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Is Taylor Devices, Inc.’s (NASDAQ:TAYD) High P/E Ratio A Problem For Investors?

Lester Strauss

This article is written for those who want to get better at using price to earnings ratios (P/E ratios). We’ll look at Taylor Devices, Inc.’s (NASDAQ:TAYD) P/E ratio and reflect on what it tells us about the company’s share price. Based on the last twelve months, Taylor Devices’s P/E ratio is 37.39. That corresponds to an earnings yield of approximately 2.7%.

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How Do I Calculate A Price To Earnings Ratio?

The formula for P/E is:

Price to Earnings Ratio = Price per Share ÷ Earnings per Share (EPS)

Or for Taylor Devices:

P/E of 37.39 = $13 ÷ $0.35 (Based on the year to November 2018.)

Is A High P/E Ratio Good?

A higher P/E ratio implies that investors pay a higher price for the earning power of the business. That isn’t a good or a bad thing on its own, but a high P/E means that buyers have a higher opinion of the business’s prospects, relative to stocks with a lower P/E.

How Growth Rates Impact P/E Ratios

If earnings fall then in the future the ‘E’ will be lower. That means even if the current P/E is low, it will increase over time if the share price stays flat. Then, a higher P/E might scare off shareholders, pushing the share price down.

Taylor Devices’s earnings per share fell by 22% in the last twelve months. And EPS is down 3.4% a year, over the last 5 years. This might lead to muted expectations.

How Does Taylor Devices’s P/E Ratio Compare To Its Peers?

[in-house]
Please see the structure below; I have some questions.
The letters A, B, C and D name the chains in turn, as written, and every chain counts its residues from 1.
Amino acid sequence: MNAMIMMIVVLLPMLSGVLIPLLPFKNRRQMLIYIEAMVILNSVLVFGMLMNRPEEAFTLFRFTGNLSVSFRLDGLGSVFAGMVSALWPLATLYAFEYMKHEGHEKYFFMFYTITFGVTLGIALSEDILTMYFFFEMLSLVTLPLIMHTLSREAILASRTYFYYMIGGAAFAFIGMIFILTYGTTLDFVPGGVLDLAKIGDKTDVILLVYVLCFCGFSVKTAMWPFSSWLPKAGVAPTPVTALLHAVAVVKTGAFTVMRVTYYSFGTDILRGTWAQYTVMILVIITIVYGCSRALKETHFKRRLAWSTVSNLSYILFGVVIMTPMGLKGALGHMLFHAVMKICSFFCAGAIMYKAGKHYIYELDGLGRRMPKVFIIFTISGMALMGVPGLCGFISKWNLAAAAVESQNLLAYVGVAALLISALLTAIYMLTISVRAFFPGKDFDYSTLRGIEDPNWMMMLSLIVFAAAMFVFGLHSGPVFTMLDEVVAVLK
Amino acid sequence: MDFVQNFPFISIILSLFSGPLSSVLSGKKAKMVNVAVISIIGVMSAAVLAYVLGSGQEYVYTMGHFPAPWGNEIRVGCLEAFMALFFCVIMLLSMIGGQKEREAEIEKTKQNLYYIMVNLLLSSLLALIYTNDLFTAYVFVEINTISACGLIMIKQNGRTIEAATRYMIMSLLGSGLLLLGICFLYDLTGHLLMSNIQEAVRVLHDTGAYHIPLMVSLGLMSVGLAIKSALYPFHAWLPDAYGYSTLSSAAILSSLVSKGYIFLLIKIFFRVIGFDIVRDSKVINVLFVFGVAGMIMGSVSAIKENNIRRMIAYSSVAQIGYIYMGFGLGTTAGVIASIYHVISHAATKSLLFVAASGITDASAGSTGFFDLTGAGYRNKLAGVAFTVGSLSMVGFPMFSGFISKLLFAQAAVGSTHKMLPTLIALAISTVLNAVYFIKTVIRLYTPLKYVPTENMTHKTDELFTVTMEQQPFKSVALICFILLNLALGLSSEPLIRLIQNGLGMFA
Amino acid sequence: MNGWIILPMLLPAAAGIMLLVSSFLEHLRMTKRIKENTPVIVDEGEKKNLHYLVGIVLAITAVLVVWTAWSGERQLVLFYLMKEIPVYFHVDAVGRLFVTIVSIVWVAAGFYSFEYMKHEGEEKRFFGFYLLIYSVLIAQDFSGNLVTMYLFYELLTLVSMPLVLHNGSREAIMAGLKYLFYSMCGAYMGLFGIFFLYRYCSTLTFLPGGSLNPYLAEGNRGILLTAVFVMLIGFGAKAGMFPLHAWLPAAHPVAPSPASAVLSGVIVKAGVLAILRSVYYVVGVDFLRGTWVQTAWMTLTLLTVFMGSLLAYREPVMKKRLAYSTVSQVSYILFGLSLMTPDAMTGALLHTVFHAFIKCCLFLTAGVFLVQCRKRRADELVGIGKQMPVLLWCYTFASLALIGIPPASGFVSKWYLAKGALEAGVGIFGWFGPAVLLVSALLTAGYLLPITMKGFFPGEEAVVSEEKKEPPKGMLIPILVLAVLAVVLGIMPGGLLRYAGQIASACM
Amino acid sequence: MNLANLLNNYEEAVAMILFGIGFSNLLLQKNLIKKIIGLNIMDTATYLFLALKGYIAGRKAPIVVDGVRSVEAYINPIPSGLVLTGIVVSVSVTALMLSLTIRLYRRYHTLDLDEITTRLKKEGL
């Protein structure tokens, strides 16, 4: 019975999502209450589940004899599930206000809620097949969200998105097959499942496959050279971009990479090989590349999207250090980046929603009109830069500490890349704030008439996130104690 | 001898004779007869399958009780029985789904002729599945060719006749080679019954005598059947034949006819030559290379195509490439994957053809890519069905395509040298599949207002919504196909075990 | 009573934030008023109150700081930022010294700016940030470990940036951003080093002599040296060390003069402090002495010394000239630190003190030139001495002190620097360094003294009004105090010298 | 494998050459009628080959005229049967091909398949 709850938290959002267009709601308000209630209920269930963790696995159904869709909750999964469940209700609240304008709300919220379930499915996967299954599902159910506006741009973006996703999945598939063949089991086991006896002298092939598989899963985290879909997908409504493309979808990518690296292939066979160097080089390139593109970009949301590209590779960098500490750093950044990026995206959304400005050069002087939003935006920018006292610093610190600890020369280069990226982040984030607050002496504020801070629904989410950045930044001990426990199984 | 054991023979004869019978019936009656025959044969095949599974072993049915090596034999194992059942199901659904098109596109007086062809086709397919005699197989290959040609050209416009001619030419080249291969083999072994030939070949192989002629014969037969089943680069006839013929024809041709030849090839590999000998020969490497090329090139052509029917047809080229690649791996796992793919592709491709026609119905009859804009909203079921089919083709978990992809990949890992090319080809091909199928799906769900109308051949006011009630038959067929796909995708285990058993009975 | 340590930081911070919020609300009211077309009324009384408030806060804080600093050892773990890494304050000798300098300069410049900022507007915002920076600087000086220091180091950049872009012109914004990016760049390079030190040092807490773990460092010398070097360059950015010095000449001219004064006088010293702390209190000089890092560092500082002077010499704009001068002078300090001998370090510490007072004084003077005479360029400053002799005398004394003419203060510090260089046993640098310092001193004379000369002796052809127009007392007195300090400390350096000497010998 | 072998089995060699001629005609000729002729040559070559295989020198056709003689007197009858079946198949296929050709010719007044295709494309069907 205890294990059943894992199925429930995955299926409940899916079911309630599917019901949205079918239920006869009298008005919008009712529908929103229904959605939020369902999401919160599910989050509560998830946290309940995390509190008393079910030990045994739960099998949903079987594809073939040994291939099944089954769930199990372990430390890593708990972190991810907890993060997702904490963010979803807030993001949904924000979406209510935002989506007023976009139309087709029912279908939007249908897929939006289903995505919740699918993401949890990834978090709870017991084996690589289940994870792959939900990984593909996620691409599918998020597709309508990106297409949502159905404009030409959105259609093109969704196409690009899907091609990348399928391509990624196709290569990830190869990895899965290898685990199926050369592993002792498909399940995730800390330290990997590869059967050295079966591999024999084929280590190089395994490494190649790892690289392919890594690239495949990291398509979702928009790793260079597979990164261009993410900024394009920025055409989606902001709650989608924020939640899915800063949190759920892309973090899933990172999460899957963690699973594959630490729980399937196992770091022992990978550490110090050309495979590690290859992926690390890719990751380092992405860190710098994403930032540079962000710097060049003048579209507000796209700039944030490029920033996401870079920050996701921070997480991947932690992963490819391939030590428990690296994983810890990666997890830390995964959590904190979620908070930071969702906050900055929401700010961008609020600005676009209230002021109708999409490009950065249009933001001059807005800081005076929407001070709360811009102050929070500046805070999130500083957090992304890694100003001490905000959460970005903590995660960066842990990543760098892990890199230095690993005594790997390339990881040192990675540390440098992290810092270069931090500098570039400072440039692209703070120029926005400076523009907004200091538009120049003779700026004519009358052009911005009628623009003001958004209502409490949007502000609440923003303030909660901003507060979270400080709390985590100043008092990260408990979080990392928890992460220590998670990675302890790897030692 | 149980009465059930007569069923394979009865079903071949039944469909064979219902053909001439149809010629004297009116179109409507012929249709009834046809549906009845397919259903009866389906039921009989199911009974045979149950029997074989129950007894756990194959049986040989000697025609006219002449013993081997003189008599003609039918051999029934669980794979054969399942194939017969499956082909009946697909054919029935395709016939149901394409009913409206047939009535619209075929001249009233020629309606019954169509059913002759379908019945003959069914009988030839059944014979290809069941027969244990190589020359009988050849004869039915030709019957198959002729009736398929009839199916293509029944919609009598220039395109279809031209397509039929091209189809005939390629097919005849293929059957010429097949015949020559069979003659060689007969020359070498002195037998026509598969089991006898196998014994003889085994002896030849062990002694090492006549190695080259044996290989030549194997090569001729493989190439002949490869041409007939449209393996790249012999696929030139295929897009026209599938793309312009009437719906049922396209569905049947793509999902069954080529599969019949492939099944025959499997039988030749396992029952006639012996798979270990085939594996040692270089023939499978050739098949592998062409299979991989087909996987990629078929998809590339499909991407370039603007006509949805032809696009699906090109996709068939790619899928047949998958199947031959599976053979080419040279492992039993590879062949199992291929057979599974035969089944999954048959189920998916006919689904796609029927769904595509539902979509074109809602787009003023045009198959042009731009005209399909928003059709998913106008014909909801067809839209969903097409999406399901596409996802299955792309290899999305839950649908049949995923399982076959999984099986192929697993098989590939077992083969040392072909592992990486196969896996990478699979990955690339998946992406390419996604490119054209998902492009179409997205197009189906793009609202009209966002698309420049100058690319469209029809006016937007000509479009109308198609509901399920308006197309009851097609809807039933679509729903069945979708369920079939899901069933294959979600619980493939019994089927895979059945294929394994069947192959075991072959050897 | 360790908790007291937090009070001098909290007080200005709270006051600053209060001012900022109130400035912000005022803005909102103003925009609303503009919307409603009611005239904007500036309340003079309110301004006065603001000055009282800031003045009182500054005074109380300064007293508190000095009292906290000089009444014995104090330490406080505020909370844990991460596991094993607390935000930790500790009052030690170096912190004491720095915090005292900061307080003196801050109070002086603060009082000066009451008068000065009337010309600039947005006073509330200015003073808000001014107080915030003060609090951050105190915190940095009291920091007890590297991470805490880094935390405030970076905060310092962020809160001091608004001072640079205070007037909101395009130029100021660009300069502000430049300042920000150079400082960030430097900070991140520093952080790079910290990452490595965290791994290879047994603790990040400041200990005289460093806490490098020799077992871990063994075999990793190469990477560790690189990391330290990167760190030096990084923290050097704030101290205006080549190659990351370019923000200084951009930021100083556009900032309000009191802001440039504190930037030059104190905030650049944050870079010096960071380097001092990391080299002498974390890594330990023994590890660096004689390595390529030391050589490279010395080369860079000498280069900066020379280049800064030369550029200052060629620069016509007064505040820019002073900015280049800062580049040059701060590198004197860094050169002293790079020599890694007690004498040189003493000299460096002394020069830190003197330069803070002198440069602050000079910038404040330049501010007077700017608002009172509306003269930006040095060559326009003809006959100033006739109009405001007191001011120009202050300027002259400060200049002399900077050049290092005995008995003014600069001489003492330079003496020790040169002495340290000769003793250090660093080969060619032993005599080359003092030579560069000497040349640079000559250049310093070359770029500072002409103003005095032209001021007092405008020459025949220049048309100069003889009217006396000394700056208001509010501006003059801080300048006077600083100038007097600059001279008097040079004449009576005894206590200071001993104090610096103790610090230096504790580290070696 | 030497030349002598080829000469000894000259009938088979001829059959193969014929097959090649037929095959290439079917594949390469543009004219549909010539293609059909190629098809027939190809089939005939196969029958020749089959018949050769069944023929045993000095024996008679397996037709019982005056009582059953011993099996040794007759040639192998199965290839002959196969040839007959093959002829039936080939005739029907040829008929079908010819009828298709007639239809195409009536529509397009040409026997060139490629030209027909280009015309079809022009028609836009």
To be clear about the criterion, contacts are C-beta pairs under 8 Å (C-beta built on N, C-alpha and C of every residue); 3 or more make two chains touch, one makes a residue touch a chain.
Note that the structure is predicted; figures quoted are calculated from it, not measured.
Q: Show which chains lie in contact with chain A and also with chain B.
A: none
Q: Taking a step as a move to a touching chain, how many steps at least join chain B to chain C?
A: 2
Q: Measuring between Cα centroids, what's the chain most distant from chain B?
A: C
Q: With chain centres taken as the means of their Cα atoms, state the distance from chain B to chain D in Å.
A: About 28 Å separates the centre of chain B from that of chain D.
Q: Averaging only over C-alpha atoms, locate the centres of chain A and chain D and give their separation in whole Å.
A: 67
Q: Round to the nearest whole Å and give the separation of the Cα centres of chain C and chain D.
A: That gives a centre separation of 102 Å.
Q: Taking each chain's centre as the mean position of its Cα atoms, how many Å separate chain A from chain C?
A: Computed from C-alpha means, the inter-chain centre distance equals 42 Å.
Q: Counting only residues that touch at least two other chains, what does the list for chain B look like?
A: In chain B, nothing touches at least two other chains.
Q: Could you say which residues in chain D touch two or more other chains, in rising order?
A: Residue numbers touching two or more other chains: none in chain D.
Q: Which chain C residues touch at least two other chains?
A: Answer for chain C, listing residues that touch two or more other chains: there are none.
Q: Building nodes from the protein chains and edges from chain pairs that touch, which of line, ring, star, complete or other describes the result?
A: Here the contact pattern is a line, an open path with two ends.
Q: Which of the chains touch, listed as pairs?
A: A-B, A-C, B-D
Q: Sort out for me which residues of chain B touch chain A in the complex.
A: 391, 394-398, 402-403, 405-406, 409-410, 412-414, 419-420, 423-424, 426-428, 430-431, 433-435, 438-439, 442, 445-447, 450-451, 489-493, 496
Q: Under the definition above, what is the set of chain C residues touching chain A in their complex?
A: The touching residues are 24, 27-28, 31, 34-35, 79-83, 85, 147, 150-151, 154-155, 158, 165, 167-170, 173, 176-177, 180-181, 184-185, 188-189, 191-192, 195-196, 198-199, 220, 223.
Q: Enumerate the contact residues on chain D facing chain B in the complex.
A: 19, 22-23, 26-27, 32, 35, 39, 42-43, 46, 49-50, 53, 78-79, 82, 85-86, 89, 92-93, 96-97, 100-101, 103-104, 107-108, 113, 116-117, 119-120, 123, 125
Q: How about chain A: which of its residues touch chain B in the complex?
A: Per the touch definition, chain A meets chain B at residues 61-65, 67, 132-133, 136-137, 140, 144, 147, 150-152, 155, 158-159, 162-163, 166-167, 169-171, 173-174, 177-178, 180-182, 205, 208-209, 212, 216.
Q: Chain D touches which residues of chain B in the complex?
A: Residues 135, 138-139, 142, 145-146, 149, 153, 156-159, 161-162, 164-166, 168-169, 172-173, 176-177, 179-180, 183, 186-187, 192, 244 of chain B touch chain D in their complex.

The P/E ratio essentially measures market expectations of a company. You can see in the image below that the average P/E (18.6) for companies in the machinery industry is lower than Taylor Devices’s P/E.

NASDAQCM:TAYD PE PEG Gauge January 30th 19

Its relatively high P/E ratio indicates that Taylor Devices shareholders think it will perform better than other companies in its industry classification. Clearly the market expects growth, but it isn’t guaranteed. So investors should delve deeper. I like to check if company insiders have been buying or selling.

A Limitation: P/E Ratios Ignore Debt and Cash In The Bank

Don’t forget that the P/E ratio considers market capitalization. In other words, it does not consider any debt or cash that the company may have on the balance sheet. In theory, a company can lower its future P/E ratio by using cash or debt to invest in growth.

Such spending might be good or bad, overall, but the key point here is that you need to look at debt to understand the P/E ratio in context.

How Does Taylor Devices’s Debt Impact Its P/E Ratio?

Taylor Devices has net cash of US$6.0m. That should lead to a higher P/E than if it did have debt, because its strong balance sheets gives it more options.

The Verdict On Taylor Devices’s P/E Ratio

Taylor Devices has a P/E of 37.4. That’s higher than the average in the US market, which is 16.7. The recent drop in earnings per share would make some investors cautious, but the net cash position means the company has time to improve: and the high P/E suggests the market thinks it will.

Investors should be looking to buy stocks that the market is wrong about. As value investor Benjamin Graham famously said, ‘In the short run, the market is a voting machine but in the long run, it is a weighing machine.’ Although we don’t have analyst forecasts, you might want to assess this data-rich visualization of earnings, revenue and cash flow.

You might be able to find a better buy than Taylor Devices. If you want a selection of possible winners, check out this free list of interesting companies that trade on a P/E below 20 (but have proven they can grow earnings).

To help readers see past the short term volatility of the financial market, we aim to bring you a long-term focused research analysis purely driven by fundamental data. Note that our analysis does not factor in the latest price-sensitive company announcements.

The author is an independent contributor and at the time of publication had no position in the stocks mentioned. For errors that warrant correction please contact the editor at editorial-team@simplywallst.com.